The Business of Art: A Conversation with Kyung Jeon

The Business of Art: A Conversation with Kyung Jeon

Like the technicolor allure of poisonous frogs or the dazzling yet deadly pufferfish, Kyung Jeon’s paintings act as decoys — her soft, pastel colors; fields of flowers; and flitting fairy-children initially cloud the sinister grotesquerie of her perspectiveless panoramas.

Jeon’s disfigured figures are antagonized and accosted in ways that allude to Hieronymus Bosch’s depictions of hell—bodies are flayed and abducted, beaten and brutalized. In her large-scale painting Overload, a trio of boys are hacked to pieces by axe-wielding sprites while a splayed-out teddy bear is tied down as if forced to witness a murder. Raised in a Christian household, punishment and retribution are familiar themes for Jeon.

Like Goya’s later works—the “Black Paintings” of crazed pilgrims and witches that the Spanish artist painted while nearly blind—the Korean-American artist’s paintings carry a dark undercurrent. Even paintings as seemingly benign as Thumb Suckingcharts dark territory. As the title suggests, a group of girls half-hidden in a cluster of flowers stuff thumbs and other digits into their mouths, loading reflex and habit with sexual overtones. P.S.1 Curatorial Assistant Christopher Y. Lew caught up with Jeon in her TriBeCa studio while she was preparing for her upcoming solo show at The Proposition in New York.

Christopher Y. Lew: Storytelling is implied in your paintings. What are your interests in narrative?

Kyung Jeon: I started off creating drawings and paintings that really didn’t show much narrative at all. They were just figures in empty space, just moments, and I wanted to go deeper into that so I created these larger pieces with more figures and they became more narrative. The figures started interacting with each other more and, using my weird imagination, I made the story really dream-like, partially by exaggerating and distorting bodies. But I don’t necessarily think of any piece as a continuous narrative or story. I think that they’re each showing different moments, different interactions.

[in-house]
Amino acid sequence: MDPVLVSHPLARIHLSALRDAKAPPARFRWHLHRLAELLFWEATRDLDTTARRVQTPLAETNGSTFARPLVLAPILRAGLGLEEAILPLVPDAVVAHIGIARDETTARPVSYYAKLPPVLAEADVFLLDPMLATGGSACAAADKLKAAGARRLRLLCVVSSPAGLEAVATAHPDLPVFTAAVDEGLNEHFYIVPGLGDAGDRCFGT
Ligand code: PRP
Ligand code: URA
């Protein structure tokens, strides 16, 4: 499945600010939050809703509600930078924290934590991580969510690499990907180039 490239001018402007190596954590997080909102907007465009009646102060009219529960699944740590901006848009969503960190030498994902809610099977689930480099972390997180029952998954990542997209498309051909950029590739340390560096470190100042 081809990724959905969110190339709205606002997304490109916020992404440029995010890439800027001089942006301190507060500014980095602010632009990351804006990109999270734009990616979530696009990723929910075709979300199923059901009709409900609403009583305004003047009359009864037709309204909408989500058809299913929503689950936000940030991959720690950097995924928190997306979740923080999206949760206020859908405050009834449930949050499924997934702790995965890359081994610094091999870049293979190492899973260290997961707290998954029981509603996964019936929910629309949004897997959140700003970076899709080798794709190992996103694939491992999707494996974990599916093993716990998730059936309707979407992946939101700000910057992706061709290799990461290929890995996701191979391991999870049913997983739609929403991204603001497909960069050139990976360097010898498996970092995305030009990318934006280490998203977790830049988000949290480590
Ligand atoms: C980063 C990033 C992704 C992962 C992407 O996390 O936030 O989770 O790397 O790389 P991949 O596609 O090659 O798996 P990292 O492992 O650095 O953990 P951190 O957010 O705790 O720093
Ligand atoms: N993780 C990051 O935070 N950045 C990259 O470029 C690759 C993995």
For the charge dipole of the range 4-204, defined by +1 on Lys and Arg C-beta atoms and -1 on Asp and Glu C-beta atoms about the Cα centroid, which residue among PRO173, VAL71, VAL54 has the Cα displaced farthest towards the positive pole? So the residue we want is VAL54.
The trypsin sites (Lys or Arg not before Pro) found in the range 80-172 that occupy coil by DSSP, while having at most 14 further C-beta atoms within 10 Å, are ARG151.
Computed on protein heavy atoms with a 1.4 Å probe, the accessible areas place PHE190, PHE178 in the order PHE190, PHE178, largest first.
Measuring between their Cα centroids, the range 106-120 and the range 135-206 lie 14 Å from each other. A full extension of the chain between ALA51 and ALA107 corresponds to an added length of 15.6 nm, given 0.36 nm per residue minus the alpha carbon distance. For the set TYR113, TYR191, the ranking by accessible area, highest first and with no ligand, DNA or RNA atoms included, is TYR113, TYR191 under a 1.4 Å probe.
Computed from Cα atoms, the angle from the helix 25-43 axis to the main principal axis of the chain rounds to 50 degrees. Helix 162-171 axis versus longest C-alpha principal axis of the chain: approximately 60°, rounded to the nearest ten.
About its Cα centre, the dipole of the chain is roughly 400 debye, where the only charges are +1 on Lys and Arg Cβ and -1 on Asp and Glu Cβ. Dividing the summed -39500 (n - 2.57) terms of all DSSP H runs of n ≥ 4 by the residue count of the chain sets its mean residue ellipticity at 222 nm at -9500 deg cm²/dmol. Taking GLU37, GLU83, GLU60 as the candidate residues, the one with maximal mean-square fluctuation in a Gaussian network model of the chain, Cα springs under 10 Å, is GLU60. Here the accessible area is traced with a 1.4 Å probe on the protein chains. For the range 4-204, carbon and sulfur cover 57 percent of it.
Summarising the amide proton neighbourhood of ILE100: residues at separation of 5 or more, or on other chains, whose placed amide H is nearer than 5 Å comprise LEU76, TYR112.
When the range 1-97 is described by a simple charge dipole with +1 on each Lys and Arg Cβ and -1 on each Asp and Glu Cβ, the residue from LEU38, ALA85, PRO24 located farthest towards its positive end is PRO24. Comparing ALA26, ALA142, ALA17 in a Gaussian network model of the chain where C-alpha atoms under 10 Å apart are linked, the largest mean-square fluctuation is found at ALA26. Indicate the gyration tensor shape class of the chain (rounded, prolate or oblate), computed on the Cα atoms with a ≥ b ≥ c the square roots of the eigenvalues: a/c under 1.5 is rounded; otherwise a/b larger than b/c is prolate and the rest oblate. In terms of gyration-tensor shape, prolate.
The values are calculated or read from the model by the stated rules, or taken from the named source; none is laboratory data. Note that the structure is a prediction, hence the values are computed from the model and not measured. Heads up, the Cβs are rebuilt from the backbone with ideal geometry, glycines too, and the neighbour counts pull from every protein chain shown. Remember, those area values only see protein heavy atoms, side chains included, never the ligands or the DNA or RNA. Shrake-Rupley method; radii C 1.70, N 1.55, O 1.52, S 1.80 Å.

CL: You mentioned drawing on your imagination and how you’ve incorporated elongated or somehow distorted bodies into your paintings. Fairies and stretched-out breasts appear a lot. Do these symbols hold specific meanings?

KJ: The fairies get to act however they want. Things that I could never think of doing are things the fairies get to do. I use them in a humorous way. I like that they get to do these naughty, uninhibited things. Their absurd violence is kind of funny.

The elongated breasts originally appeared in my work in the form of breasts spilling out milk and from the thought of milk as the essence of life that feeds the body or mind. It sort of evolved into these stretched out things, becoming something burdensome. These beautiful things are now dragging on the ground.

CL: Looking at On Marriage and On Motherhood, you have a range of figures that are physically expressing their thoughts about the relationships referenced in these titles. Yet the characters feel like archetypes instead of specific individuals. How did you negotiate using general figures for these particular issues?


KJ: On Marriage is based on people close to me, specifically my brother, who is the first in the family to marry. On Motherhood is based on my closest friend, who just had a baby. It was interesting how everybody reacted so differently to the idea of my friend having a baby and to my brother getting married. The characters in my paintings are sometimes very generalized because a lot of people can relate to their situations. But some of them are very specific people.

CL: Your imagery blends cuteness and violence. Is that a comment on parenting or children?

KJ: No, I don’t think my work is ever about children. I use children as a way for people to approach these pieces in an easy way. People can come up and think, “Oh this is cute. There are a lot of little kids.” They think it’s really sweet, but realize it’s actually not. And if I’ve drawn them in that much then they can realize the really weird things going on. Kids and pretty colors can pull people in. I like that moment when someone thinks a painting is a sweet piece, and then realizes it’s not. That moment is crucial in my work. I like to see people look at my paintings and smile, then approach it and frown a little.

CL: Are there artists or works you keep in mind when you’re painting?

KJ: I like this Korean traditional painter a lot, Lee So-Ji. He uses a lot of Korean characters, villages, and mountainous landscapes. I like to look at his work for composition and to get ideas because I’ve been using landscape a lot more. And I go to Google if I’m researching things like underwater imagery. I do image searches and flow through everything that comes up.